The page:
Commissioner Mothupi has had a number of meetings in the Free State and engaged institutions there on how they tackle gender-based violence. She has been holding meetings with Botshabelo residence – a council responsible for addressing gender-based violence in that particular province during and beyond COVID as they are looking at the status of police stations. She has been looking at the water crisis issues from Qwa-Qwa areas and lobbying with departments about getting water from rivers nearby. She has also been looking at issues dealing with the deterioration of awareness and cleanliness in schools. Most schools in the Free State are still using the bucket system. She has been spearheading these conversations and campaigns focusing on sanitation.

Commissioner Mathebula attended the UN Women’s Action Plan and also made input. She met with SA Law Reform Commission to discuss the CGE report on gender transformation and procurement. She made a submission to the Portfolio Committee on the s25 Bill expropriation of land and was accompanied by the head of legal. She met with Western Cape Premier to discuss the recommendations of the CGE on their draft strategic plans on gender-based violence and femicide. This work was followed up by the deputy chairperson who is keen to ensure the roll out of provincial gender-based violence work is done.  Lastly, she has been key in preparing for external audits and holding meetings with teams doing the audits

Commissioner Ntuli-Tloubatla spoke to the Commissioners’ capacity to deliver as per the mandate for gender equality. She spoke to the unfairness of access to the media platform where CGE officials dominated the media platforms and the Commissioner’s do not. There needs to be a timeline agreed to to ensure fair and equitable distribution, both on TV and radio – currently the distribution is unfair. One the matter of opinions and articles being published, she would like to be given the name of these publishing newspapers. 

A Member of the Committee interrupted the Commissioner as she thought the input was not relevant to the fourth quarter performance report back.


The Chairperson thanked the CGE for the presentation. She stressed the importance of ensuring everyone was treated fairly and equally. Tensions should be minimised as far as possible as everyone was doing great work. However this work must be recorded. The work of the Commissioners cannot be separated from the CGE as a team. It was important to share the articles drafted with the Committee so that it can see what can be pushed in terms of policy formulation and oversight over other departments. The articles can be shared with the Committee through the Committee secretary.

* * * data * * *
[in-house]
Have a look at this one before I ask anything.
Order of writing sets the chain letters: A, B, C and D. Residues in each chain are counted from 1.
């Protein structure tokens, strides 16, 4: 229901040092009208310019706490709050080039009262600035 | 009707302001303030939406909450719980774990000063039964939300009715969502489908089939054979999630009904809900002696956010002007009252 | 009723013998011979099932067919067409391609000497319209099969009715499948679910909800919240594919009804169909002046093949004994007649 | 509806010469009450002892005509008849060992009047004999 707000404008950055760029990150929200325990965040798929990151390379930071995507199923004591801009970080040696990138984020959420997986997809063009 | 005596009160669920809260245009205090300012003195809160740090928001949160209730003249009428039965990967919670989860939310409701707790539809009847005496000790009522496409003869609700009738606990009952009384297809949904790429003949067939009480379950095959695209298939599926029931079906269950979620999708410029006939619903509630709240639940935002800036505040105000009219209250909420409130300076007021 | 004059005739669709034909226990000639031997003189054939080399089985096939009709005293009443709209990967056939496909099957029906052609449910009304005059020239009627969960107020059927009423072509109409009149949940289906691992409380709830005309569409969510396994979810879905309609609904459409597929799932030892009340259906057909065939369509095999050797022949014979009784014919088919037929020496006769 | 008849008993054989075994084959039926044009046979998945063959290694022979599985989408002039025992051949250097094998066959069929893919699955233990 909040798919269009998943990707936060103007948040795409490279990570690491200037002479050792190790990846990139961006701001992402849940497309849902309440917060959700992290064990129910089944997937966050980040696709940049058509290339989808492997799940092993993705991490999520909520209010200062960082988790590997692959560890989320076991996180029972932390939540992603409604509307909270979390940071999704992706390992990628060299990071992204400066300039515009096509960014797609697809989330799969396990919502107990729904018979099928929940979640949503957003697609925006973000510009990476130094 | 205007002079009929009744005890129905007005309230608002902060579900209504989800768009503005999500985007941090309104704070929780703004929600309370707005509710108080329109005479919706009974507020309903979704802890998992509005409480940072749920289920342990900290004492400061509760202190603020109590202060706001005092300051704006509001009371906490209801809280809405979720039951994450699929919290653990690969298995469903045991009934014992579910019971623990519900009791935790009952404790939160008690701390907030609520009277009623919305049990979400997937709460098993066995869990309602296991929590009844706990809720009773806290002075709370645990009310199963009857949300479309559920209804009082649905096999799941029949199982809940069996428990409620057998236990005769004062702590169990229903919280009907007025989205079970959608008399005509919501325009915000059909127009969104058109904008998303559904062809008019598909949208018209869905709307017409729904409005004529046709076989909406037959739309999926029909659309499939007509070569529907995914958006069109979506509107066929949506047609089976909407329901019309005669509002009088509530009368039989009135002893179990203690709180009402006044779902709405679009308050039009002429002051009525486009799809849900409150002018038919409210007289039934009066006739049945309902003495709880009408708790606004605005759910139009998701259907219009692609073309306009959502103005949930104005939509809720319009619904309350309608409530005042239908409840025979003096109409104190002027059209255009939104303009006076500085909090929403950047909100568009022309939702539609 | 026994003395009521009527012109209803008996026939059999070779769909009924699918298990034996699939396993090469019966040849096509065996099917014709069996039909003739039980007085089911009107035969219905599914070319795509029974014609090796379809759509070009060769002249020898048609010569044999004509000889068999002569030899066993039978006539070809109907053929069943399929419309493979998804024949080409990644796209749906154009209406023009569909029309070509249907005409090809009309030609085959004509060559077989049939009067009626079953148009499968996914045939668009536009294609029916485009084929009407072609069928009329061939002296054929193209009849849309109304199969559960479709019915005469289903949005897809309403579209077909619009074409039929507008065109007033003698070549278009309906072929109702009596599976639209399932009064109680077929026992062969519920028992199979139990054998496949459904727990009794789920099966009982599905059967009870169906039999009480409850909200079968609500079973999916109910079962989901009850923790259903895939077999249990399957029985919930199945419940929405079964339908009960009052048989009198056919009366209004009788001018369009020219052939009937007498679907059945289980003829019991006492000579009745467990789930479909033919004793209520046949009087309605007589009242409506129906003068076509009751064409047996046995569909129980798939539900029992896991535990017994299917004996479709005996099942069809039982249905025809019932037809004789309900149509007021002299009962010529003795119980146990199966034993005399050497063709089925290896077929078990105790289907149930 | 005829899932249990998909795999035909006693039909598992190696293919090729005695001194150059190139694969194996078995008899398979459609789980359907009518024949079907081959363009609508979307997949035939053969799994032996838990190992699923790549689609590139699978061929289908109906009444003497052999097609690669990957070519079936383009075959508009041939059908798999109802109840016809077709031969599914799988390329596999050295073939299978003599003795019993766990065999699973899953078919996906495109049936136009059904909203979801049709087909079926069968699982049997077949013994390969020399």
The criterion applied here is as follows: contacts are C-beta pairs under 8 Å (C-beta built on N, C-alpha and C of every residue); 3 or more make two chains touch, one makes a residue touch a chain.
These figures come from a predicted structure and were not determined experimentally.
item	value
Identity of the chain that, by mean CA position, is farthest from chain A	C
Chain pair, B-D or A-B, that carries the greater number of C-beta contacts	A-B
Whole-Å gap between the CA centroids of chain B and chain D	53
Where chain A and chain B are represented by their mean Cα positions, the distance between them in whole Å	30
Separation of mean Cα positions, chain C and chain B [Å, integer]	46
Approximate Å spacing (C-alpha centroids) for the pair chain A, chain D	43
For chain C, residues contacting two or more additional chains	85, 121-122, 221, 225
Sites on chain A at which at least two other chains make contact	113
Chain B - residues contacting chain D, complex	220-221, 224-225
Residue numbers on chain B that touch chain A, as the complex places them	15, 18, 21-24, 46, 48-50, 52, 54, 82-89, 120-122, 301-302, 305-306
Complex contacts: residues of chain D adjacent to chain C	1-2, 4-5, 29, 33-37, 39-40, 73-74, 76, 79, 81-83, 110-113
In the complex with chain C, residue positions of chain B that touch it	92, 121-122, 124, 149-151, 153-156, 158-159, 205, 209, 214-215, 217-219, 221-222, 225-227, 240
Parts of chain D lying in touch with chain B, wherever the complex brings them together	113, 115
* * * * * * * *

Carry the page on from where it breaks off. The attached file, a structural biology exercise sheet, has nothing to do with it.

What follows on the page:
The Chairperson felt the quality of the CGE spokesperson was not good – the spokesperson seemed to only “condemn” things. What message did this send to the public? This is poor communication. The CGE must think about the message being sent to the public

Ms Sonti questioned the work done by the CGE regarding the forced sterilisation of HIV positive women – has progress been made in working with the Department of Health since the last briefing?

The Chairperson halted the discussion as the CGE still needed to present its financial performance for the fourth quarter.

Ms Mathebula says there are still two more presentations but was hoping Commissioner Mofokeng would speak on the forced sterilisation report even just for a few minutes before the two presentations. 

The Chairperson suggested that Commissioner Mofokeng present when the CGE provided its first quarter report so that she can be fully satisfied with the time given as the matter was important. 

Annual Performance Plan: Results on the predetermined objectives for the 2019/20 reporting period

The Committee was taken through the document which looked at the performance of a number of strategic indicators

[After the presentation was concluded, PMG lost connection to the meeting and missed the ending]